There is a tentative working plan, if all goes according to the Cotto plan, for Miguel to meet up with Mexican hitter Canelo Alvarez in the fall, on a pay-per-view scrum, should Cotto best Geale. So, there were questions to Cotto about Canelo, and also about future potential foe Gennady Golovkin, who holds some other 160 pound crowns, and will be in Brooklyn Saturday, to scope out Cotto. He is pressing hard for the Puerto Rican to step to the line, and accept the challenge. Patience, Cotto has advised; those mega-fights fan crave will occur but on his time frame, he noted. And, it was implied, on his terms. He’s the A side, to the A minus sides Canelo and Golovkin…as for Geale, he seems to get everyone is seeing him as a B-guy…but he stared down Cotto hard at the photo face-off at BB Kings, and nothing in his face suggested he didn’t think he’d have his hand raised come Saturday night, no matter what he’s tasked to weigh in Friday.

Here is the release which went out after the presser:

MIGUEL COTTO VS. DANIEL GEALE

FINAL PRESS CONFERENCE QUOTES

 

WBC & RING MAGAZINE MIDDLEWEIGHT WORLD CHAMPION COTTO

TO FACE FORMER TWO-TIME WORLD CHAMPION GEALE

ON JUNE 6, 2015 AT BARCLAYS CENTER IN BROOKLYN LIVE ON HBO®

 

PRESENTED BY ROC NATION SPORTS + MIGUEL COTTO PROMOTIONS

NEW YORK (June 3, 2015) -Roc Nation Sports and Miguel Cotto Promotions hosted the final press conference for the June 6 showdown between WBC and Ring Magazine Middleweight World Champion Miguel Cotto and former Two-Time World Champion Daniel Geale on Tuesday, June 2 at B.B. King Blues Club & Grill in New York City. Along with the main event participants, undercard fighters Junior Younan and Zhang Zhilei were also in attendance. Other speakers included Michael Yormark (President & Chief of Branding and Strategy of Roc Nation), Hector Soto (Miguel Cotto Promotions), Freddie Roach (Cotto’s Trainer), Gary Shaw (Gary Shaw Productions), Graham Shaw (Geale’s Trainer), Brett Yormark (CEO of Barclays Center and the Brooklyn Nets), Peter Nelson (VP HBO Sports Programming), David Berlin (Executive Director of the New York State Athletic Commission) and Ululy Martinez (Vice Chairman of the National Puerto Rican Day Parade Board of Directors). The press conference was emceed by Brooklyn Nets Public Address Announcer David Diamante.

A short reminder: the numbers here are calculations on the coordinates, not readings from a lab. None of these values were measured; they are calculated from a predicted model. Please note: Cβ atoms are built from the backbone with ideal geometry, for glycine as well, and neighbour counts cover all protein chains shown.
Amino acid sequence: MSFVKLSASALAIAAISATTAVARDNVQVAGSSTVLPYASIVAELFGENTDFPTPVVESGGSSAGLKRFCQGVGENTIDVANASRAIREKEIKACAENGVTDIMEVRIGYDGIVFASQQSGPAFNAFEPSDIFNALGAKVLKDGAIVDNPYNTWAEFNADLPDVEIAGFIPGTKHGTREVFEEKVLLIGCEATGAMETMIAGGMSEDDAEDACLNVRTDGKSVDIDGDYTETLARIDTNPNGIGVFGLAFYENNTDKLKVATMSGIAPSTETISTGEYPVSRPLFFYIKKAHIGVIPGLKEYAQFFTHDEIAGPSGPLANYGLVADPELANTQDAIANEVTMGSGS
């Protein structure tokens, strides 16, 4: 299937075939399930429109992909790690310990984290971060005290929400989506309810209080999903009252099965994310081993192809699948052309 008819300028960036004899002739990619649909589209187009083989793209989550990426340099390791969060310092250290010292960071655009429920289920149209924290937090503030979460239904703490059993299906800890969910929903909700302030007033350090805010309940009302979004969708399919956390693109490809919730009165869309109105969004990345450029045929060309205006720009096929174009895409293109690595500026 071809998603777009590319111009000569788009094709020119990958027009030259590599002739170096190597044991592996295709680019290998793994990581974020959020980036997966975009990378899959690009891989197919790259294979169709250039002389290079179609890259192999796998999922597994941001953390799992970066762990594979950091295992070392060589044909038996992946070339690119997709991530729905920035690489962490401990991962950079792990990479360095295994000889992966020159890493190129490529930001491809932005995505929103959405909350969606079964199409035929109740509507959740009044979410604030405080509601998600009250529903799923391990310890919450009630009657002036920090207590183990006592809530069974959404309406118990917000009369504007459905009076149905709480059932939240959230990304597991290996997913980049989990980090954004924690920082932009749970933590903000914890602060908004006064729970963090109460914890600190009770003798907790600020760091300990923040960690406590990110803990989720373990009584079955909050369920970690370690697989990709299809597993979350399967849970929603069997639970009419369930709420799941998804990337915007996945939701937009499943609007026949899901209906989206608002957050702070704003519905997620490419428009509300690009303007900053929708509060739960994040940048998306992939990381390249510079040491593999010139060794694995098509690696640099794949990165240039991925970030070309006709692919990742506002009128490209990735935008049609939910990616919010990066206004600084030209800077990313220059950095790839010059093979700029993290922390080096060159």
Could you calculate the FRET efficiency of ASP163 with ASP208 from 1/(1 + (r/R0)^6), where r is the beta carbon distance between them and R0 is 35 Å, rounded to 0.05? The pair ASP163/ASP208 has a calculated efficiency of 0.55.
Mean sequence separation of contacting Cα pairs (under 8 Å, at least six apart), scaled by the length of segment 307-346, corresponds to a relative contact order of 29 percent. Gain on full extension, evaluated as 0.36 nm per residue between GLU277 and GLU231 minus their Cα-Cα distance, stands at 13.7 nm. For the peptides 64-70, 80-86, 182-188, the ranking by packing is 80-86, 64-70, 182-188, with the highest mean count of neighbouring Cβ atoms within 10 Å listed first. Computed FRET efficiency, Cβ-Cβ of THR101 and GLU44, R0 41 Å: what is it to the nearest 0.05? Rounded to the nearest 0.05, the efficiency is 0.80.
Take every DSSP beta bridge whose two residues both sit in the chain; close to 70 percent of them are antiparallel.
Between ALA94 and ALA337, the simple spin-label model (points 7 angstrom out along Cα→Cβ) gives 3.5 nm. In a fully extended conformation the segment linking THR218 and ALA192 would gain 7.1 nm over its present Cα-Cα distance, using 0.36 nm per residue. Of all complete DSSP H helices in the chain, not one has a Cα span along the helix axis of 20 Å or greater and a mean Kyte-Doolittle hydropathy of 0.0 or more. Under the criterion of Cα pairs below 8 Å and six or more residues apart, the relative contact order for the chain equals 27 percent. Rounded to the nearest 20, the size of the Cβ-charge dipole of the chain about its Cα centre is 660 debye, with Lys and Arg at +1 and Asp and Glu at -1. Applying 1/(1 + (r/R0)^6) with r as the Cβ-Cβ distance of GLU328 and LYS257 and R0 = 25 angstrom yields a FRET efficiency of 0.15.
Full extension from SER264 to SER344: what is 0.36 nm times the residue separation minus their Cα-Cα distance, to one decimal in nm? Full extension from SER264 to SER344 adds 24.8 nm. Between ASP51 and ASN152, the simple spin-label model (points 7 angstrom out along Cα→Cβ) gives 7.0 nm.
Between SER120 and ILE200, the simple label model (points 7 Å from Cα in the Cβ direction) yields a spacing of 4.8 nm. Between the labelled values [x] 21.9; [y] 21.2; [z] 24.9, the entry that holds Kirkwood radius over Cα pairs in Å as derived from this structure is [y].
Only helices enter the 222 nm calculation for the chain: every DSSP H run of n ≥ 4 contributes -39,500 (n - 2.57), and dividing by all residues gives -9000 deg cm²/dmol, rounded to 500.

Here’s what press conference participants had to say: